Maryland law restricts young women's access to abortion.

Is the law enforceable?
Yes.

Who is considered a minor?
A young woman under the age of 18.

What is required - parental consent or notice?
Notice.

Who must be notified?
One parent.

Are there other trusted adults who may be notified instead?
No.

What is the process for obtaining notification?
A young woman may not obtain an abortion unless the attending physician gives notice to a parent, unless the young woman does not live with a parent and a reasonable, but unsuccessful effort has been made to give notice to a parent. A postal receipt showing that mail was sent by certified mail to the last known address of a parent is conclusive evidence of notice or a reasonable effort to give notice.

May the parental mandate be waived if a young woman is a victim of rape or incest?
No.

May the parental mandate be waived if a young woman is a victim of child abuse?
No.

May the parental mandate be waived if a young woman's health is threatened?
Yes. A physician has discretion to perform an abortion for a minor when, "in the professional judgment of the physician," parental "[n]otification would not be in the best interest of the minor."

May the parental mandate be waived under any other circumstances?
Yes. There are three situations in which a physician has discretion to perform an abortion for a minor without parental notification. The physician would make the professional judgment that either: (1) notice to the parent may lead to physical or emotional abuse of the minor; (2) the young woman is mature and capable of giving informed consent to an abortion; or (3) notice would not be in the best interest of the young woman.

Are there other significant requirements under the law?
No. The law does not contain a judicial bypass procedure.

Has a court considered the constitutionality of this law?
No.

Md. Code Ann., Health Gen. § 20-103 (Enacted xxxx; Last Amended xxxx); Md. Code art. 1, § 24 (Enacted xxxx; Last Amended 2002).

Pro-Choice Laws:

Freedom of Choice Act

Maryland has created additional protections for reproductive rights by adding an affirmative right to choose into its state law. This law ensures women's access to pre-viability abortions and would remain in effect even if Roe v. Wade were overturned.

"[T]he state may not interfere with the decision of a woman to terminate a pregnancy: (1) Before the fetus is viable; or (2) At any time during the woman's pregnancy, if [t]he termination procedure is necessary to preserve the life or health of the woman; or . . . [t]he fetus is affected by a genetic defect or serious deformity or abnormality." Md. Code Ann., Health-Gen. § 20-209 (Enacted 1991).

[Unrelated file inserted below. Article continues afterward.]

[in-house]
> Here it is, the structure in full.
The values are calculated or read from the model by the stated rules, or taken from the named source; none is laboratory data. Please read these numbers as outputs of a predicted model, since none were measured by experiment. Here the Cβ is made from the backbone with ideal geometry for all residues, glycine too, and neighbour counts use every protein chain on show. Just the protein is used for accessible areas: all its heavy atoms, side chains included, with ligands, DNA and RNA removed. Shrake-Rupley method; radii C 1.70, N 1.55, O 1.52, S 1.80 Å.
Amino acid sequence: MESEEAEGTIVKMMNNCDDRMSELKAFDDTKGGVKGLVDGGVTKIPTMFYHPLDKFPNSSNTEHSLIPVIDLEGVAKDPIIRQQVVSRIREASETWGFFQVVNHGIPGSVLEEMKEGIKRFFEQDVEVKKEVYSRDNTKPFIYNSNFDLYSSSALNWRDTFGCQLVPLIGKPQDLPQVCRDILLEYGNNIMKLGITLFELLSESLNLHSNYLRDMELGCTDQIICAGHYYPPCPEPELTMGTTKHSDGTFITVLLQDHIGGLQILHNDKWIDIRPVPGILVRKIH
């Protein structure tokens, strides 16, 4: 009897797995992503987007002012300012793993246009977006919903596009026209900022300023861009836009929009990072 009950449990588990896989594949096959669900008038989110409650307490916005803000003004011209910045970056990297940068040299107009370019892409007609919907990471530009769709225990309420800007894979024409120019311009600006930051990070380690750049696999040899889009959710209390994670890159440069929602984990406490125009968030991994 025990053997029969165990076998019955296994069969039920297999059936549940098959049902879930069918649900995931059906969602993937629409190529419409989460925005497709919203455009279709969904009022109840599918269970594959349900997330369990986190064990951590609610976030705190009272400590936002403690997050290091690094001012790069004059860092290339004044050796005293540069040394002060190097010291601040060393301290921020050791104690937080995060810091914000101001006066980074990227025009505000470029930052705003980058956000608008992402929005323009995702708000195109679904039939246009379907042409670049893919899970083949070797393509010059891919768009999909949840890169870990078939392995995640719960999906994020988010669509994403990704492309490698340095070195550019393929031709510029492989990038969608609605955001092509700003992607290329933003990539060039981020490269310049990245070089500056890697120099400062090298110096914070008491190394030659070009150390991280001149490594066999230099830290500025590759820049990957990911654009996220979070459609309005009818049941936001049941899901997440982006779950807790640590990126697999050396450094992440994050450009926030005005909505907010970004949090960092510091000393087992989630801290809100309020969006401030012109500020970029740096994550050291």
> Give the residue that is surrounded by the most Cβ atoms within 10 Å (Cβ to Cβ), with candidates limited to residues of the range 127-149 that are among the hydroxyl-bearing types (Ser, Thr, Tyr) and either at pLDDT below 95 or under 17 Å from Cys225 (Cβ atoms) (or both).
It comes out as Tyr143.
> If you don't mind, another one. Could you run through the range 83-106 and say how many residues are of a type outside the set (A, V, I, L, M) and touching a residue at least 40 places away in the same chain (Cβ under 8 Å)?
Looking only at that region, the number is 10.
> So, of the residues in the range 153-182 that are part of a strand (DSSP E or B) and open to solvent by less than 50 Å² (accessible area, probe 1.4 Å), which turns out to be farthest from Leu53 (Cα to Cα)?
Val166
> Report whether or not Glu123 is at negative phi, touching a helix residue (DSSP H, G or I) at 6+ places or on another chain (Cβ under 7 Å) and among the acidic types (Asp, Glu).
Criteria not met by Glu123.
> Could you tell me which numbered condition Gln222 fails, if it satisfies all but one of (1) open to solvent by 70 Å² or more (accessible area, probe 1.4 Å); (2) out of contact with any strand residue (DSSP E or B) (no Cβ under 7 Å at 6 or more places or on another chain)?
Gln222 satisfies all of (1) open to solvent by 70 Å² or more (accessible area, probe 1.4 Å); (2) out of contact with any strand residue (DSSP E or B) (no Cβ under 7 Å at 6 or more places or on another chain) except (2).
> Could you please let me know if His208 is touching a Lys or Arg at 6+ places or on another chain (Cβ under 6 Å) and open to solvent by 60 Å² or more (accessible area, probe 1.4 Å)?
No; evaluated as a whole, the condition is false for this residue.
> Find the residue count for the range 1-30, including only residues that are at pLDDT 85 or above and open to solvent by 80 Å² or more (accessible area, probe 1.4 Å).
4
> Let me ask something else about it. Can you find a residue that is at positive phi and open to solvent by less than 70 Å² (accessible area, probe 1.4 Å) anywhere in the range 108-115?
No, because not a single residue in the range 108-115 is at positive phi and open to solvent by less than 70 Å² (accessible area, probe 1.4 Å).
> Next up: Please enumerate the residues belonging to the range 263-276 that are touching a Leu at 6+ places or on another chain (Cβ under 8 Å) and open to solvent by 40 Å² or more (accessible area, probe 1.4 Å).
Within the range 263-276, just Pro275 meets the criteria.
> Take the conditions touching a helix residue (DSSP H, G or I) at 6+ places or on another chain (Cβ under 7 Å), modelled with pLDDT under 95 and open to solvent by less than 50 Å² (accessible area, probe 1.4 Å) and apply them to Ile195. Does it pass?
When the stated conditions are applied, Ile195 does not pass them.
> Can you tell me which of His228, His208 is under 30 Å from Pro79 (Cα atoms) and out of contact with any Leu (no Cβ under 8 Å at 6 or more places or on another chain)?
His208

Insurance Coverage for Contraception

Maryland law requires health insurance plans that cover prescription drugs to provide equitable coverage for contraception.

What is required?
If a health insurance plan provides coverage for prescription drugs, it must provide coverage for any Food and Drug-Administration-approved prescription contraceptive drug or device, insertion or removal of such drug or device, and any medically necessary exam associated with the use of such drug or device.

To which insurance plans does the law apply?
Insurance plans, nonprofit health service plans, and health maintenance organization (HMO) contracts that provide coverage for prescription drugs.

Does the law provide additional protections for women?
Yes. Insurers may not impose a different co-payment or coinsurance for contraceptives than that imposed on any other prescription drug.

Does the law contain a refusal clause, allowing certain employers and/or insurers to refuse to provide or pay for contraceptive coverage?
Yes.

To whom does the refusal clause apply?
Religious employers for whom contraceptive coverage conflicts with their bona fide religious beliefs and practices.

What does the refusal clause allow?
A religious employer may require issuers of its health insurance plans exclude coverage for contraception.

Is this refusal clause overbroad, jeopardizing insurance coverage for contraception for women?
Yes. By failing to define the term "religious employer," the law's refusal clause inappropriately includes a wide range of entities that perform non-religious functions in the public sphere.

Does the law require the refusing entity to notify the persons affected?
Yes. An employer exercising a refusal clause must provide employees reasonable and timely notice of the exclusion.

Are there circumstances under which a refusal clause may not be exercised?
No.

Does the law provide a mechanism for women to obtain contraceptive coverage if their employer exercises a refusal clause?
No.

MD. Code Ann., Ins. § 15-826 (Enacted 1998).

Low-Income Women's Access to Abortion

Maryland prohibits public funding for abortion for women eligible for state medical assistance for general health care unless: (1) continuation of the pregnancy is likely to result in the woman's death; (2) the woman is a victim of rape, incest, or a sexual offense reported to a law enforcement, public health, or social agency; (3) the fetus is affected by a genetic defect or serious deformity or abnormality; (4) abortion is medically necessary because there is substantial risk that continuation of the pregnancy could have a serious and adverse effect on the woman's present or future physical health; or (5) continuation of the pregnancy is creating a serious effect on the woman's mental health and if carried to term there is substantial risk of serious or long lasting effect on the woman's future mental health. S.B. 125, 2004 Reg. Sess., 418th Gen. Assem. (Md. 2004); Md. Regs. Code tit. 10, §§ 09.02.04(G), 09.34.04(A)(5), 09.34.04(B)(2).

Protection Against Clinic Violence

A person who physically detains an individual or obstructs, impedes, or hinders an individual's passage, with the intent to prevent the individual from entering or exiting a medical facility, is guilty of a misdemeanor and may be fined up to $1000, imprisoned for up to 90 days, or both. Md. Code Ann., Crim. § 10-204 (Enacted 2002).

Other Relevant Laws

Post-Viability Abortion Restriction

Maryland's post-viability abortion restriction provides that abortion may be prohibited after viability unless necessary to preserve the woman's life or health or unless the fetus is affected by a genetic defect or serious deformity or abnormality. Md. Code Ann., Health-Gen. § 20-209 (Enacted 1991).

NARAL Pro-Choice America supports the legal framework established in Roe v. Wade and does not oppose restrictions on post-viability abortions, such as Maryland's, that contain adequate exceptions to protect the life and health of the woman.